Kathrin Bohm, Peter Davies, Fransje Killaars, Mark Dean Veca
Exhibition Dates: 29 March – 3 May 2003
Pavilions straddle the boundary between art and architecture. Some are unquestionably sculptural objects that encourage the viewer to enter and explore, others are inherently beautiful in a way that does not determine their function. Deploying scale, form, and sometimes colour and pattern, they can heighten perceptions of place and dimension.
This exhibition explored ideas about perceptual space and allowed the viewer to become involved with the work by moving through it, across it, and sometimes inhabiting it. In this sense the work could be described as immersive, a form which takes on such dimension and profusion that is absorbs the viewer.
Kathrin Bohm’s poster project and millions and millions (2001) expands and develops across time and through various spaces. Working with mass produced coloured paper, hand printed designs and found printed matter Bohm created a collage which temporarily transformed the gallery. Mark Dean Veca’s wall paintings operate between painting and installation. Viewed at a distance they appear as a singular painting framed by the architecture of the space they adorn. In closer proximity they rise up with bulbous tentacles and plumes of smoke to engulf the viewer in a new and changed space.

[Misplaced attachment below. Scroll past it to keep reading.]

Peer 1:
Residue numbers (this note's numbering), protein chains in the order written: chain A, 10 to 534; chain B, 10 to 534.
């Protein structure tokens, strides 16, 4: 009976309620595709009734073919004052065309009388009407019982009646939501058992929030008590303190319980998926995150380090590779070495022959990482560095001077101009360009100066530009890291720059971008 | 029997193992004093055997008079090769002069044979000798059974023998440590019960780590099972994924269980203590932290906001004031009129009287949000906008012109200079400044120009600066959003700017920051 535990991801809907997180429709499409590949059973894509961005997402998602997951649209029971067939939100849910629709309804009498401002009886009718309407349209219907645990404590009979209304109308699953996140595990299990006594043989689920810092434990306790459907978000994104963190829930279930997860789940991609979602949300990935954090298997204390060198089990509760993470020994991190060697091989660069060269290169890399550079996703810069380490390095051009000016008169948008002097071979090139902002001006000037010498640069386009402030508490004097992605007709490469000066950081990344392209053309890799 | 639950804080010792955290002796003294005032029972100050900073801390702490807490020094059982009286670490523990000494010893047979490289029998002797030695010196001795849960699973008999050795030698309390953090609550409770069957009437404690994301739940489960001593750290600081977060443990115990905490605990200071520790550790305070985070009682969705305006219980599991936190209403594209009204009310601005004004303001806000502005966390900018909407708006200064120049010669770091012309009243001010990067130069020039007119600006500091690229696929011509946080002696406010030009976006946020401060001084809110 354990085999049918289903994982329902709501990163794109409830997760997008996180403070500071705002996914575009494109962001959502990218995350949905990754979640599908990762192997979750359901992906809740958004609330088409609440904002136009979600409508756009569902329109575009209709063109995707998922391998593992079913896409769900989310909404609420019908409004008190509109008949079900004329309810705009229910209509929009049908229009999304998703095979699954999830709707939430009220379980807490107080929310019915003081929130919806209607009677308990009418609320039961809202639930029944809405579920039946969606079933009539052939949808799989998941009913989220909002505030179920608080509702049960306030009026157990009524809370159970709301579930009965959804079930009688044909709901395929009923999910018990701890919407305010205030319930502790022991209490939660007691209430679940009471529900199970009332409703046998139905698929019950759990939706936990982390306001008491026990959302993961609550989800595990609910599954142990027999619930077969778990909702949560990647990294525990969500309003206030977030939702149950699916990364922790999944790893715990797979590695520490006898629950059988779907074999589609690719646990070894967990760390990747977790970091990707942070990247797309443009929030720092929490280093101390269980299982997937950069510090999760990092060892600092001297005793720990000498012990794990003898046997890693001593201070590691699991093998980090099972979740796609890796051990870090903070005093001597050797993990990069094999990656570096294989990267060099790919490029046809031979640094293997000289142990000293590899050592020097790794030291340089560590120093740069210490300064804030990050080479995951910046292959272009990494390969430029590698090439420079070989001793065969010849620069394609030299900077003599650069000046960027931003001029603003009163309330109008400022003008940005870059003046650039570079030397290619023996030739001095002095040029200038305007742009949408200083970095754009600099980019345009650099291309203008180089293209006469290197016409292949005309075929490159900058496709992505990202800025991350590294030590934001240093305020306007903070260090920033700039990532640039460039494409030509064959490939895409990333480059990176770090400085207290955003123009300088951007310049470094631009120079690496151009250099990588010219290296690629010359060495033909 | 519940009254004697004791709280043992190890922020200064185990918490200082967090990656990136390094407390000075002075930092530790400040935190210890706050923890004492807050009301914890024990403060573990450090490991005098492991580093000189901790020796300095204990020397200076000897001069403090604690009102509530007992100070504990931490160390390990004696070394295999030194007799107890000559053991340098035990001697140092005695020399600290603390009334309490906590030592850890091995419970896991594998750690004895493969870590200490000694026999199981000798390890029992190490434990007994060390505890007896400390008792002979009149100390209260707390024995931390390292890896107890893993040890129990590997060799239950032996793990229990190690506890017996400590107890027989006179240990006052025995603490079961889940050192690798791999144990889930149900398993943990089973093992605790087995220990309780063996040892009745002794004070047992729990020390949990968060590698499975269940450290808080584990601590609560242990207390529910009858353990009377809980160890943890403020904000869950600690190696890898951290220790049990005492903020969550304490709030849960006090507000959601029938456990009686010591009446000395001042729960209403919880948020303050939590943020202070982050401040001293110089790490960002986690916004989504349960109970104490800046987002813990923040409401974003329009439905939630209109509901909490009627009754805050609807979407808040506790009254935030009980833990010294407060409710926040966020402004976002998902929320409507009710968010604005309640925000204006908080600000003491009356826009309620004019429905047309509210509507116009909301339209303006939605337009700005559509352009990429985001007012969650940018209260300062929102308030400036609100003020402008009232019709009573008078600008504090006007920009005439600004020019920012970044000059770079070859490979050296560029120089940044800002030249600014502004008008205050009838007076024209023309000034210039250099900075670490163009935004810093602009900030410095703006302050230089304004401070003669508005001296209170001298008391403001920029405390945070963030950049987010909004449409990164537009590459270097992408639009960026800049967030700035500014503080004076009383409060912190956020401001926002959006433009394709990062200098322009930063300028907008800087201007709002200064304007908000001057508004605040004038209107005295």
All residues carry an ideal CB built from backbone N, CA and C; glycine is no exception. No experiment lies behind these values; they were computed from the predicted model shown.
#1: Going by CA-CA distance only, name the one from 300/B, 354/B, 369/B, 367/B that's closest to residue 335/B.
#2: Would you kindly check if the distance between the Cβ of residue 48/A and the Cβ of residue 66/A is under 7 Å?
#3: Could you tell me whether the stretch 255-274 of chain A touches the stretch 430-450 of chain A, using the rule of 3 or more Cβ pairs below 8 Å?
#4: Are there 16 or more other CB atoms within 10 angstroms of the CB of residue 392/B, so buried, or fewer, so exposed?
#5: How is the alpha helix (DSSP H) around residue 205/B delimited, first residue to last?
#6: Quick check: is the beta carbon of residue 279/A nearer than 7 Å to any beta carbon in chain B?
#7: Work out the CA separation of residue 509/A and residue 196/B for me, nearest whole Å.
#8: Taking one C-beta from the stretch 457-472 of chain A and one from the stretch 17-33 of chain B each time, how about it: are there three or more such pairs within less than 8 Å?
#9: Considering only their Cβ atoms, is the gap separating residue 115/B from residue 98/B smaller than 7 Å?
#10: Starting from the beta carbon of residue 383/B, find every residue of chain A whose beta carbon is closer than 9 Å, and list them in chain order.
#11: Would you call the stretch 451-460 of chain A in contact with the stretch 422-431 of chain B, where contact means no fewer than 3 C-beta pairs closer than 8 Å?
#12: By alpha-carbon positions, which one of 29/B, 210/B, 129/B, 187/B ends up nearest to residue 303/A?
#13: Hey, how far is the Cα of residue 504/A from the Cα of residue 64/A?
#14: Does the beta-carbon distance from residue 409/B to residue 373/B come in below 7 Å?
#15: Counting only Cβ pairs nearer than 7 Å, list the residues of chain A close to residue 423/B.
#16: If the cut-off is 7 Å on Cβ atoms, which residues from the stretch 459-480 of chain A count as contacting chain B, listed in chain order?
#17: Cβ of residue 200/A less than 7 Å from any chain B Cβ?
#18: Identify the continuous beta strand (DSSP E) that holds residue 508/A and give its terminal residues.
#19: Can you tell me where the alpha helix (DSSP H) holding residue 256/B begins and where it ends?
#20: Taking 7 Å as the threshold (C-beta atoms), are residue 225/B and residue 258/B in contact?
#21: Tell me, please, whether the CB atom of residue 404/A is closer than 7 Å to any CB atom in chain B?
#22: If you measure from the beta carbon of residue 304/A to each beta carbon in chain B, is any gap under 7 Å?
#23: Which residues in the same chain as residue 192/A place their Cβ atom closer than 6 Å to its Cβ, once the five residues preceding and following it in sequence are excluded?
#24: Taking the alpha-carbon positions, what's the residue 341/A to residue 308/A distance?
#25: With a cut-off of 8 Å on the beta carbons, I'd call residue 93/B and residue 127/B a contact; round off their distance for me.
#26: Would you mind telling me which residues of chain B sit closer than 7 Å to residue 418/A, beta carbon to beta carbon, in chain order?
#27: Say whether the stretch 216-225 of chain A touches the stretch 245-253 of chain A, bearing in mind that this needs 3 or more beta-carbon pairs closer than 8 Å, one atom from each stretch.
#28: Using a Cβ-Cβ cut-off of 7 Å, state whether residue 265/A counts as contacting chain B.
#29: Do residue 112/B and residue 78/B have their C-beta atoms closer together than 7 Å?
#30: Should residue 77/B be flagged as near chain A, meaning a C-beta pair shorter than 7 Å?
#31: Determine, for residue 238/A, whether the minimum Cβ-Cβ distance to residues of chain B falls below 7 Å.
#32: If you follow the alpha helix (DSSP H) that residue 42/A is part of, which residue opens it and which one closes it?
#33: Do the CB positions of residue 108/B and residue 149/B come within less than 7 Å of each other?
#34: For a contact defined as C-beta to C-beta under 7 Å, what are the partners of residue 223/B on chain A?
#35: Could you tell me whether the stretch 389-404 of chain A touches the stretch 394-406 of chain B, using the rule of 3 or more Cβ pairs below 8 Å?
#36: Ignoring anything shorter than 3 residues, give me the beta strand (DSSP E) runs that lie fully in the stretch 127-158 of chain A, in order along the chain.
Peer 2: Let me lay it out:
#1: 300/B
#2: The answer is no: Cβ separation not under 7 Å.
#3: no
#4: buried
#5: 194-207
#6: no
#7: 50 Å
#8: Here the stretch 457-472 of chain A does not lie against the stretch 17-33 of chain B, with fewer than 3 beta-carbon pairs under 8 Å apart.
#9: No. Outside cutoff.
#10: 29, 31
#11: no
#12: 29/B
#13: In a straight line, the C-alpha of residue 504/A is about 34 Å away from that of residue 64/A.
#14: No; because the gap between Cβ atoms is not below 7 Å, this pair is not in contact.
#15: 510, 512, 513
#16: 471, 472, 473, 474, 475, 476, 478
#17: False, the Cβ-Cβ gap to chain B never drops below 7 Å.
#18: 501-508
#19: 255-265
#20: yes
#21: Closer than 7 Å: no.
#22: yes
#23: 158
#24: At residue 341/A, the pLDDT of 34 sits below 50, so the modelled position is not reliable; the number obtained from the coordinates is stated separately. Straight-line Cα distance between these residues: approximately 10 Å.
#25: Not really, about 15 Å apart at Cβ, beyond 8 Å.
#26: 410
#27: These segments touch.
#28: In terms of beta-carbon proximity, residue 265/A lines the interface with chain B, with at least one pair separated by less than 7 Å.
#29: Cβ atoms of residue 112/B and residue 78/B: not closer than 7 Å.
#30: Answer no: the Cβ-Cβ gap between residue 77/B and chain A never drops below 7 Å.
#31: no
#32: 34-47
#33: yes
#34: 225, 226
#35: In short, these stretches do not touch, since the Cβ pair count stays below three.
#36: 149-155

For Pavilion</i, Davies made a painting of multicoloured shapes arranged into layers of shallow perspectival play which repeatedly extended across the whole surface. By contrast Fransje Killaars dealt with ideas about space, or more precisely, location. Non-Stop Amsterdam (1998) presented itself as a transparent picture, reminiscent of a train’s sleeping compartment or a shelf-lined store, where the viewer could both experience the space it provided and be viewed as part of it.